Diamond Ruby (fiction)

Yes, girls can be baseball stars! But when the men with the money and the men with the clout got involved, early 20th century dreams faded for talented women, like Jackie Mitchell who faced the great Babe Ruth and Lou Gehrig in the 1930s – and struck them out!

Mitchell’s brief career struck a chord with author Wallace, who took the idea of a phenomenal female pitcher into the Roaring 20s of baseball-mad New York City.

Ruby faces incredible odds to keep her family together following the Spanish Influenza epidemic which killed more people than World War I. She encounters good guys like Babe Ruth and Jack Dempsey, bad ones with the KKK and organized crime, as well as women’s rights activists and folks on both sides of the Prohibition issue.

A great story and a great baseball story (and a happy birthday today to MB, Braves-loving gal and baseball fan extraordinaire!).

Book info: Diamond Ruby / Joseph Wallace. Touchstone, 2011. [author’s website] [publisher site] [book trailers one and two]

Recommendation: Ruby’s pitches were straight and true, but girls weren’t allowed to play baseball in 1913. She kept practicing in secret, through the end of World War I and the Spanish influenza epidemic that ravaged her neighborhood and wiped out most of her family.

It was her pitching skills that kept her orphaned nieces alive into the 1920s, first to put squirrels into their soup pot, then as Ruby became a speed pitcher for a Coney Island sideshow. Amanda kept the speed-sensing machine working, Allie posted the pitch speed, and “Diamond Ruby” hurled pitch after pitch, seven days a week, equaling the velocity of most major league pitchers. Her extra-long arms were good for something at least.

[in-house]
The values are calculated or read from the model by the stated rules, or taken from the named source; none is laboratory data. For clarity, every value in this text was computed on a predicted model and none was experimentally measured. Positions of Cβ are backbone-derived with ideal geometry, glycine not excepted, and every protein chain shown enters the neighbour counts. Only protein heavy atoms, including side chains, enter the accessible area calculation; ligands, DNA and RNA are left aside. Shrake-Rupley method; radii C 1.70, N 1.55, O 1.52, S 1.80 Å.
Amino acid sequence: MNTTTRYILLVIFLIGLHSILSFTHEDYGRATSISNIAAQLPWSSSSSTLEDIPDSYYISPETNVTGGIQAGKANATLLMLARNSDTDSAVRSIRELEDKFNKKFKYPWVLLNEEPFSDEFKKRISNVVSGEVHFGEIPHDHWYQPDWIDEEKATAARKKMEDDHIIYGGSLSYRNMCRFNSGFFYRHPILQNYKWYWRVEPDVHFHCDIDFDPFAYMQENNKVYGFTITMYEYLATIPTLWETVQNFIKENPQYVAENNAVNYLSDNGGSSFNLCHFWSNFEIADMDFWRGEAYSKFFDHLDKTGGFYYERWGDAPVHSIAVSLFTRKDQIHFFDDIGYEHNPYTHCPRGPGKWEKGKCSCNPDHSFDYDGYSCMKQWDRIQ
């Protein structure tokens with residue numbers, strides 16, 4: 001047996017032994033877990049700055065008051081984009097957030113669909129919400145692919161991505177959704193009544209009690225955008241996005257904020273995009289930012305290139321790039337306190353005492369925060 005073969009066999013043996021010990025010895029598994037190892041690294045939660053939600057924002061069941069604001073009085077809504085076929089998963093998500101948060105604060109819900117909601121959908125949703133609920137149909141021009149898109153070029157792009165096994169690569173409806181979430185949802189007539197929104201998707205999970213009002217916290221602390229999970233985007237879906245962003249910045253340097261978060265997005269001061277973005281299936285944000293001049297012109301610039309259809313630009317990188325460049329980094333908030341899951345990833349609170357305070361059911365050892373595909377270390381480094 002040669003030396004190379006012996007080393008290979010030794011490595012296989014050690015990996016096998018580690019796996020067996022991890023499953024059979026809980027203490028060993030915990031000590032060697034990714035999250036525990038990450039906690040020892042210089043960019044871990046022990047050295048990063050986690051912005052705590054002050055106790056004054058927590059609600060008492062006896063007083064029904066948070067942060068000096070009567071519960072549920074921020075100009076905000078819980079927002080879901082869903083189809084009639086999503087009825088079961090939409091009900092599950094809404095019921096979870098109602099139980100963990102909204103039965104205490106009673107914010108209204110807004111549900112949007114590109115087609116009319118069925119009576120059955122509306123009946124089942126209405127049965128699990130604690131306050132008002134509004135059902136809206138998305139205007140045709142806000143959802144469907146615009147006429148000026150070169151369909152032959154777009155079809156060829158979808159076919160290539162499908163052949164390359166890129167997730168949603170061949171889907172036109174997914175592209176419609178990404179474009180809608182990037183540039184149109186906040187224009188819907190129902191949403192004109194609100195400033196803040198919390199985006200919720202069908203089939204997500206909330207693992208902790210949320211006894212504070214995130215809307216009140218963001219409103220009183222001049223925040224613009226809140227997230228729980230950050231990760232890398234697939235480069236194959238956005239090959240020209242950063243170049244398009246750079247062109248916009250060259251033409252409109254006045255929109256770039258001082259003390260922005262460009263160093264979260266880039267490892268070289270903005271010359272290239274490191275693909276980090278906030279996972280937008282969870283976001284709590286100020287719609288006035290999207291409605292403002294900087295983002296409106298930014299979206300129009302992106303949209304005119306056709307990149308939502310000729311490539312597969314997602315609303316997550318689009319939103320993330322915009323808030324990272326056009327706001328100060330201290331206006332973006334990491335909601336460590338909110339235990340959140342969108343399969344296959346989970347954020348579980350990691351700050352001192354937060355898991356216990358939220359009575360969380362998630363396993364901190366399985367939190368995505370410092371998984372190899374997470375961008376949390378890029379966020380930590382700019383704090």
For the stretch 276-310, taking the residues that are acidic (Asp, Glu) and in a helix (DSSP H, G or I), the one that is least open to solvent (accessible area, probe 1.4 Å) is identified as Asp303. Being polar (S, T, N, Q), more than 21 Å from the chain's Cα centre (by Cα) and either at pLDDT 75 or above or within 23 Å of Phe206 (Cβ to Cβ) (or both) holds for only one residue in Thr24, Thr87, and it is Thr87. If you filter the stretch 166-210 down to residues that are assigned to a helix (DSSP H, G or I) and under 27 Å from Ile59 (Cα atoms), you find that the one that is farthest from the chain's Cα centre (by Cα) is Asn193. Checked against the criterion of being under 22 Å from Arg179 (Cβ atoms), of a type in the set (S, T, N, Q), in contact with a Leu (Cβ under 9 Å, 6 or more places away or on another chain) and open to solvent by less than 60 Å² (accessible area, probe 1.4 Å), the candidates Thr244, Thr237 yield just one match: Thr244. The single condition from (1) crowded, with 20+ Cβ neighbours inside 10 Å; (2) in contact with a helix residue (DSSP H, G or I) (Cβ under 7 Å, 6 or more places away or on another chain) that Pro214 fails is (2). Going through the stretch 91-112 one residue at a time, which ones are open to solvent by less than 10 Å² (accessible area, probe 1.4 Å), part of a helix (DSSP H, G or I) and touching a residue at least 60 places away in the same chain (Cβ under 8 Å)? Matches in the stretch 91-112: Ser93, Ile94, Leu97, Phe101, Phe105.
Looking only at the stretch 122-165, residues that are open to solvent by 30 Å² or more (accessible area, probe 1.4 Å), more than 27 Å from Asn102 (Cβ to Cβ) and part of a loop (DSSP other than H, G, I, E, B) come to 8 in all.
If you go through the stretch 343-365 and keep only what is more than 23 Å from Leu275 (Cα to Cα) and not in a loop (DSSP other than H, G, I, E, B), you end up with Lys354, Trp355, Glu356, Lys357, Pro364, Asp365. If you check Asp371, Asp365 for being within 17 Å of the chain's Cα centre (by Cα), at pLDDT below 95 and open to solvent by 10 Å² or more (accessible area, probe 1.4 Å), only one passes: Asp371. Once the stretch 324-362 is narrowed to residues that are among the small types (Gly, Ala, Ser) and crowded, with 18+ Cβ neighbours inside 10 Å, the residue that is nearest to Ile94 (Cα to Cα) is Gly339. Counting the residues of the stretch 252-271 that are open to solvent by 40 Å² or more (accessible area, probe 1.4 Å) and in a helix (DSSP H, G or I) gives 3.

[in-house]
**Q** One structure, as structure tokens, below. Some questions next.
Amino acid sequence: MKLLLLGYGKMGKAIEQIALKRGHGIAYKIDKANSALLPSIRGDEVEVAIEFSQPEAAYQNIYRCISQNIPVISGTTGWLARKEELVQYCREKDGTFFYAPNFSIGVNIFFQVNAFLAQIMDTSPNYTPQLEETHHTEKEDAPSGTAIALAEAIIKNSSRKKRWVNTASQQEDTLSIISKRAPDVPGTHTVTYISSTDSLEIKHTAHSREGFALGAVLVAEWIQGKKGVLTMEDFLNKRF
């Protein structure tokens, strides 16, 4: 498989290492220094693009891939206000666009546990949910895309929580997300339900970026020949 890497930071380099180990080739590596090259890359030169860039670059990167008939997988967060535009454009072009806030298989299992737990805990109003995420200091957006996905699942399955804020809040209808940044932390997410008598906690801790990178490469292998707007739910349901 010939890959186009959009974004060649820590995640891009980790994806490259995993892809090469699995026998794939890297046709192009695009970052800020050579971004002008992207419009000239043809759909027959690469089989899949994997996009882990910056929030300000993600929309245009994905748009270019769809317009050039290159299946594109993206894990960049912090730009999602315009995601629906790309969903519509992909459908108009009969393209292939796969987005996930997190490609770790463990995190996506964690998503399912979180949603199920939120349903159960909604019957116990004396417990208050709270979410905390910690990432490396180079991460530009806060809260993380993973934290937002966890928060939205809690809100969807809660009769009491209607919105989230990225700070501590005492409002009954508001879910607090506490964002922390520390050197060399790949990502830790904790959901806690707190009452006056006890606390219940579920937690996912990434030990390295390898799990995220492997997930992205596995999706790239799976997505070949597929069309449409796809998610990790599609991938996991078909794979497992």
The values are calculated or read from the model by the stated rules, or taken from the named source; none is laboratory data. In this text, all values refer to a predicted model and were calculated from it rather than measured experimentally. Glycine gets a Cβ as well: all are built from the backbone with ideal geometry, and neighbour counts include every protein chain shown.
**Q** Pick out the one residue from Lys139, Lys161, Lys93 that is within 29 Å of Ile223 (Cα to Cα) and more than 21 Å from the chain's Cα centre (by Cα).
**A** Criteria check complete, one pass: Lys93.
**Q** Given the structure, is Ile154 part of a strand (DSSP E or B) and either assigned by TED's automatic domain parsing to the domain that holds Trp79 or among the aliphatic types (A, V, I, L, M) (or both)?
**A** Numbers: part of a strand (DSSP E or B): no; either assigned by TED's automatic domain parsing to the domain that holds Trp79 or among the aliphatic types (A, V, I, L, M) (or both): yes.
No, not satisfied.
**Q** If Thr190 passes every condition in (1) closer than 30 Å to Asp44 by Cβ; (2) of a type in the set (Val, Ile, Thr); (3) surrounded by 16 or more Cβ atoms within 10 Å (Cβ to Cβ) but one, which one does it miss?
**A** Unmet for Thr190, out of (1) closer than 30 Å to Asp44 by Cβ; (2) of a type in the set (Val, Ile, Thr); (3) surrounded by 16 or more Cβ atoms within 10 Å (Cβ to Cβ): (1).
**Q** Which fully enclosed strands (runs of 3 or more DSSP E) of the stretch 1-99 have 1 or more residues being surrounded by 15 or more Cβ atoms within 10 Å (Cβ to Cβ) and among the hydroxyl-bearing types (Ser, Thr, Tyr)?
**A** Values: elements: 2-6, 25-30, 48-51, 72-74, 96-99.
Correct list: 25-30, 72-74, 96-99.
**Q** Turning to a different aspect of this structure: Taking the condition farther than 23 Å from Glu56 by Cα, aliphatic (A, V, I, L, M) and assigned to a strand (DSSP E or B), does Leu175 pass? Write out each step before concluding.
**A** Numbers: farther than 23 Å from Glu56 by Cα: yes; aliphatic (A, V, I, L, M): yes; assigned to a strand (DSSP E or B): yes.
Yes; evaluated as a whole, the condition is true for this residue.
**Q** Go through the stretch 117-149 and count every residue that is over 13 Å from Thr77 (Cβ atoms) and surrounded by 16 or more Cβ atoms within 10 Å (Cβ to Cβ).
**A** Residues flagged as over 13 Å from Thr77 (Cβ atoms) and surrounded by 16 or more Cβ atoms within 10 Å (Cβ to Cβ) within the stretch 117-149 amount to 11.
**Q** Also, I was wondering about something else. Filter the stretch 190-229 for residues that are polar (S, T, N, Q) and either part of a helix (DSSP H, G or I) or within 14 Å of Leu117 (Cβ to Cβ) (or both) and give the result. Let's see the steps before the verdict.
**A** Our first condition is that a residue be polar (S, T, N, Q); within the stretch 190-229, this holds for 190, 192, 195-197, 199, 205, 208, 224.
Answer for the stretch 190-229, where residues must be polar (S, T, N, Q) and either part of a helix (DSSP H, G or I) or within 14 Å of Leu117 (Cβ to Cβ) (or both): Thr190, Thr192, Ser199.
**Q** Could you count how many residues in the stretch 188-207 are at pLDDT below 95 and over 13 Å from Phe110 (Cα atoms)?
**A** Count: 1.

Her amazing pitching performances drew celebrities, like Babe Ruth and Jack Dempsey, as well as the attention of women’s rights activists, organized crime bosses, and a minor league baseball team that needed publicity to stay alive, but needed a great pitcher even more.

Could Ruby really earn enough money by pitching to keep her small family intact? Can she keep her new friends from harm during the raucous days of Prohibition? Can she keep on pitching accurately despite threats, violence, and blatant prejudice?

This intriguing tale of survival, grit, and amazing athletic skill, set amid the glitter and glare of the Big Apple’s speakeasies and rum-runners, is inspired by a real woman pitcher of the era. Play ball, Ruby! (One of 5,000 books recommended on www.abookandahug.com)

2 thoughts on “Diamond Ruby (fiction)

  1. Thank you so much for this wonderful review of my novel! My greatest pleasure has been meeting and talking to YA readers of the book, who really seem to relate to Ruby and her girls. Looking forward to following more of your recommendations…. –Joe

  2. Joe – I do love strong young women as characters, and Ruby is so earnest and real and likeable – are you sure that this is really your first novel??
    I can’t wait to read about her adventures on the West Coast, so please keep writing!


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